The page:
History should teach us that the present comes into being in a state of disorder. That is not, however, what history does teach. History is what has happened; history is the narrative interpretation of what has happened—the terms can’t be reconciled.Against the strategic settling order of “narrative interpretation”—history, a macrosystem—Hejinian provides a (presumably) slip’d-out-of-the-noose-of-history interpretation of “For She,” calling it a “narrative deployed within a microsystem of uncongenial forces precisely so as to generate elements that make any single (explanatory) narrative impossible.” Talking about precisely that design’d to thwart “our” talking.
Carla Harryman’s “For She”:
The back of the head resting on the pillow was not wasted. We couldn’t hear each other speak. The puddle in the bathroom, the sassy one. There were many years between us. I stared the stranger into facing up to Maxine, who had come out of the forest bad from wet nights. I came from an odd bed, a vermilion riot attracted to loud dogs. Nonetheless, I could pay my rent and provide for him. On this occasion she apologized. An arrangement that did not provoke inspection. Outside on the stagnant water was a motto. He more than I perhaps though younger. I sweat at amphibians, managed to get home. The sunlight from the window played up his golden curls and a fist screwed over one eye. Right to left and left to right until the sides of her body were circuits. While dazed and hidden in the room, he sang to himself, severe songs, from a history he knew nothing of. Or should I say malicious? Some rustic gravure soppy but delicate at pause. I wavered, held her up. I tremble, jack him up. Matted wallowing, I couldn’t organize the memory. Where does he find his friends? Maxine said to me, “But it was just you again.” In spite of the cars and smoke and the many languages, the radio and appliances, the flat broad buzz of the tracks, the anxiety with which the eyes move to meet the phone and all the arbitrary colors, I am just the same. Unplug the glass, face the docks. I might have been in a more simple schoolyard.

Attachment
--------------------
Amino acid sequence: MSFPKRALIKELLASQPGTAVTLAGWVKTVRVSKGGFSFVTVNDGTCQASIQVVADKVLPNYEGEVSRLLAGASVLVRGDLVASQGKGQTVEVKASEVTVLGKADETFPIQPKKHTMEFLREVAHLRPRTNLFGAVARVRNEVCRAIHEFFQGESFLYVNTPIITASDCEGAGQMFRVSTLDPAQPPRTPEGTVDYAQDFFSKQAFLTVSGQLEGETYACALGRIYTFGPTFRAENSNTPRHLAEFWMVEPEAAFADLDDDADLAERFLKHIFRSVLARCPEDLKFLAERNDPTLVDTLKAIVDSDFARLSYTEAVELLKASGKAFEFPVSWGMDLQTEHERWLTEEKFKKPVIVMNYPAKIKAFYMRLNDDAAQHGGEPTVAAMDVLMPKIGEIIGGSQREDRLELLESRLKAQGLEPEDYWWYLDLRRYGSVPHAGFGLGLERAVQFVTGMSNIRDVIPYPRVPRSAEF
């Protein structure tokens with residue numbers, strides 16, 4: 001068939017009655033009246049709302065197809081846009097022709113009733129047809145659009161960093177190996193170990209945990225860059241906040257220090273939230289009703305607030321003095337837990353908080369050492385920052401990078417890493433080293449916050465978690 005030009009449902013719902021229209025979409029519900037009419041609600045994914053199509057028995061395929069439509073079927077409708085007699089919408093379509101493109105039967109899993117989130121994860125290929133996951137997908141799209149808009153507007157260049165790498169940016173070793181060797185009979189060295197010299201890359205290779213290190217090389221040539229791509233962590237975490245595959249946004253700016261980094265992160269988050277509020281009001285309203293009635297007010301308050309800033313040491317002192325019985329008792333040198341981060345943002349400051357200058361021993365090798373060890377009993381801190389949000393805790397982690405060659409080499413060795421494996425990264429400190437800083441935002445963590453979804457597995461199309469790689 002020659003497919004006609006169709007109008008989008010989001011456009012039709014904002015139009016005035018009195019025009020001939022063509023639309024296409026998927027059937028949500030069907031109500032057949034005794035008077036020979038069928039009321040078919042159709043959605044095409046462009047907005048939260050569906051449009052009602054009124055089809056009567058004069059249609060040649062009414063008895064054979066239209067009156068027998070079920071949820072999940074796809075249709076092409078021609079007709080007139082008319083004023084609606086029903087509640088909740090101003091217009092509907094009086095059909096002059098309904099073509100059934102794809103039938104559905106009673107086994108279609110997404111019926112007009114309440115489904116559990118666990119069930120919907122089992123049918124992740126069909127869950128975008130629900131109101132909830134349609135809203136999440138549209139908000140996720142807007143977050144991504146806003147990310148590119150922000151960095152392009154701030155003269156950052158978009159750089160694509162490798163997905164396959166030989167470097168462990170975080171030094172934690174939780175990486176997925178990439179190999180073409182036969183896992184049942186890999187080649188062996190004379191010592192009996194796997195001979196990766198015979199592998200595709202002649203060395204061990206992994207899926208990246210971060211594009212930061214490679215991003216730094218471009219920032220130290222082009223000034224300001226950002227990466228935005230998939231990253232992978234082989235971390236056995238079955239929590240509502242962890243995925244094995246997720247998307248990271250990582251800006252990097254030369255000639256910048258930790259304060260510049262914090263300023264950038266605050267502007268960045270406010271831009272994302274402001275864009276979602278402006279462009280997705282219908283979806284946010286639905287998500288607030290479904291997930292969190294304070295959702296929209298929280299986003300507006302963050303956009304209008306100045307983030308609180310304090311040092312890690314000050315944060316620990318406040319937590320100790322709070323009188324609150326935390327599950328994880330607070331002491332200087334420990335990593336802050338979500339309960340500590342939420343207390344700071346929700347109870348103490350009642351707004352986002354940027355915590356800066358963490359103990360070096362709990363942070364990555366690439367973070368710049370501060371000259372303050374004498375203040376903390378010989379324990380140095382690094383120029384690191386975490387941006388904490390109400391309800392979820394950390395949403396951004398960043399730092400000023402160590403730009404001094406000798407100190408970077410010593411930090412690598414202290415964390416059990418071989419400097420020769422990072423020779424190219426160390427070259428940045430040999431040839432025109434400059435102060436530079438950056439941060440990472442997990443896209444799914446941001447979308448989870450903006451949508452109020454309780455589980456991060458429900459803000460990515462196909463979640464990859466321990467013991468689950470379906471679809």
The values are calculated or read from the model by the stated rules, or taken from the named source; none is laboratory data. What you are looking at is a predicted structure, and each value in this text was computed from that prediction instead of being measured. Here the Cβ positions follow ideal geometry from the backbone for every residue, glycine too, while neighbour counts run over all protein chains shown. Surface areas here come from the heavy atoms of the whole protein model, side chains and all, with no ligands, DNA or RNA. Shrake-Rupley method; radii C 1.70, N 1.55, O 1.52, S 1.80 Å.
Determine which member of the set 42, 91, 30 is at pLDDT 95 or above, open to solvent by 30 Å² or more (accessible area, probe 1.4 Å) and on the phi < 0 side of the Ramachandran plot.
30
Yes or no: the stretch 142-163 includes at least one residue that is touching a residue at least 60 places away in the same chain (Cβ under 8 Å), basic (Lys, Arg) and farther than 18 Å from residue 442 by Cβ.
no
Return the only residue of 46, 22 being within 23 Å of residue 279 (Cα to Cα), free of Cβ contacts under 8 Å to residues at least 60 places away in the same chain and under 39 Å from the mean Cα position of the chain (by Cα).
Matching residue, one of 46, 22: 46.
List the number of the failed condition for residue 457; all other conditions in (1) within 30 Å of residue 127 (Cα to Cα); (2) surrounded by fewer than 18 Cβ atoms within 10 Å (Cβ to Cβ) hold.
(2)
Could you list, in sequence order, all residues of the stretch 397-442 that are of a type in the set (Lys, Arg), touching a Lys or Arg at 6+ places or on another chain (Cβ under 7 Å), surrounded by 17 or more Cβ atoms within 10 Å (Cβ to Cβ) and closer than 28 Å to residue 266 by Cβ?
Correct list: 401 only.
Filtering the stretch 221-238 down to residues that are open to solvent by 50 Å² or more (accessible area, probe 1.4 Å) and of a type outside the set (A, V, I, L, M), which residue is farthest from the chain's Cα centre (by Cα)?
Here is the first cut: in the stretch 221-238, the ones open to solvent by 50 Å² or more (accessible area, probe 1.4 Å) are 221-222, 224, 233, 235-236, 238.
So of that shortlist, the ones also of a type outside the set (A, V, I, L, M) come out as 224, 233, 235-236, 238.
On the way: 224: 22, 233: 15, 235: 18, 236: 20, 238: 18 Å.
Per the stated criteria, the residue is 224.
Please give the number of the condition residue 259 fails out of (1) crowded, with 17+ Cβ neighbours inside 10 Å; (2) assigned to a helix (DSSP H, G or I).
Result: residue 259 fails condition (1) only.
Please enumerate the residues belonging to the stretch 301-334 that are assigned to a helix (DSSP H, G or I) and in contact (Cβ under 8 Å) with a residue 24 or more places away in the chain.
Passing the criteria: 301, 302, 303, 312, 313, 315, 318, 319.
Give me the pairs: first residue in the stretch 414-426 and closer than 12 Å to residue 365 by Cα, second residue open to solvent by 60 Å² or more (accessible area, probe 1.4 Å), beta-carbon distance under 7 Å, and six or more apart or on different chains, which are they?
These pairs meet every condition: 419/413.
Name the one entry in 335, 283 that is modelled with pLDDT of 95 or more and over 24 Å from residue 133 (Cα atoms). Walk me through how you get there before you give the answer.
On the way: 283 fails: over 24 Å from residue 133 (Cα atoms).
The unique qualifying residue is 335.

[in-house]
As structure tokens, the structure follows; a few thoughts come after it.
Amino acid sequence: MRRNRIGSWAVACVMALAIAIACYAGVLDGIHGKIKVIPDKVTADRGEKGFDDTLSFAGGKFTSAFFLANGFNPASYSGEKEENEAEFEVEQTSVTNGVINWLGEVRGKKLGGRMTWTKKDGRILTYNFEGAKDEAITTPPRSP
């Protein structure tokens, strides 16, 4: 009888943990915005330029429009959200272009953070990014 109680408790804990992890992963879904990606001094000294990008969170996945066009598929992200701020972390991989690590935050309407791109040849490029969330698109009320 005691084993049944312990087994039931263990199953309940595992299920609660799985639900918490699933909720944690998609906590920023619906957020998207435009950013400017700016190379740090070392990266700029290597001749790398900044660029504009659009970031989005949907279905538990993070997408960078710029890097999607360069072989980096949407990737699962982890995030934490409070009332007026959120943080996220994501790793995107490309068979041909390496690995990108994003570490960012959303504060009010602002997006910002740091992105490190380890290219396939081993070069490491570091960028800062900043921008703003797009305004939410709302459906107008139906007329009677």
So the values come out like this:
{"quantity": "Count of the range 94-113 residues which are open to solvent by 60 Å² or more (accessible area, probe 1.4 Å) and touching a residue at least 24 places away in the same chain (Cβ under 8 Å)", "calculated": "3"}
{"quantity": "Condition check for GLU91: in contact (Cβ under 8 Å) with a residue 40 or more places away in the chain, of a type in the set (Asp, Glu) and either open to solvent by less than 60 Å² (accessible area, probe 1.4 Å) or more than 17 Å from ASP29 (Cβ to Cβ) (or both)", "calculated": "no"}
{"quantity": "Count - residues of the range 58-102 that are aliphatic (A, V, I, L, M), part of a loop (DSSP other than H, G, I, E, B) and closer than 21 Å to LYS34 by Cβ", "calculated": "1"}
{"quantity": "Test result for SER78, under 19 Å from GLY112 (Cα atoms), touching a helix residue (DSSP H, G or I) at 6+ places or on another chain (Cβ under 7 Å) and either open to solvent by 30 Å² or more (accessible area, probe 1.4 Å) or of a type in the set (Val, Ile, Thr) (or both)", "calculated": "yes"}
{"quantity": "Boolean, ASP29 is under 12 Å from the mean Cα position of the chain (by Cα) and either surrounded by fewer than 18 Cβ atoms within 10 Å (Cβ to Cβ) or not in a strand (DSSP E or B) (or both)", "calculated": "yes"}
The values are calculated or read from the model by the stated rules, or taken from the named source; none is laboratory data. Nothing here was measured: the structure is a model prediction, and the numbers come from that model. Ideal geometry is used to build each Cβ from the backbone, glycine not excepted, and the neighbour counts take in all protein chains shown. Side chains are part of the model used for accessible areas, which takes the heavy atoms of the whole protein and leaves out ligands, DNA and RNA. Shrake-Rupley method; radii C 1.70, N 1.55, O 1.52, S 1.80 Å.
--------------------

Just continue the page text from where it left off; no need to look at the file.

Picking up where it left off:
Max Beckmann, “Birth,” 1937
Previous notes to The Grand Piano (compleat): 1 2 3 4 5 6 7 8 9 10 11 12 13 14 15 16 17 18 19 20 21 22 23 24 25 26 27 28 29 30 31 32 33 34 35 36 37 38 39 40 41 42 43 44 45 46 47 48 49 50 51 52 53 54.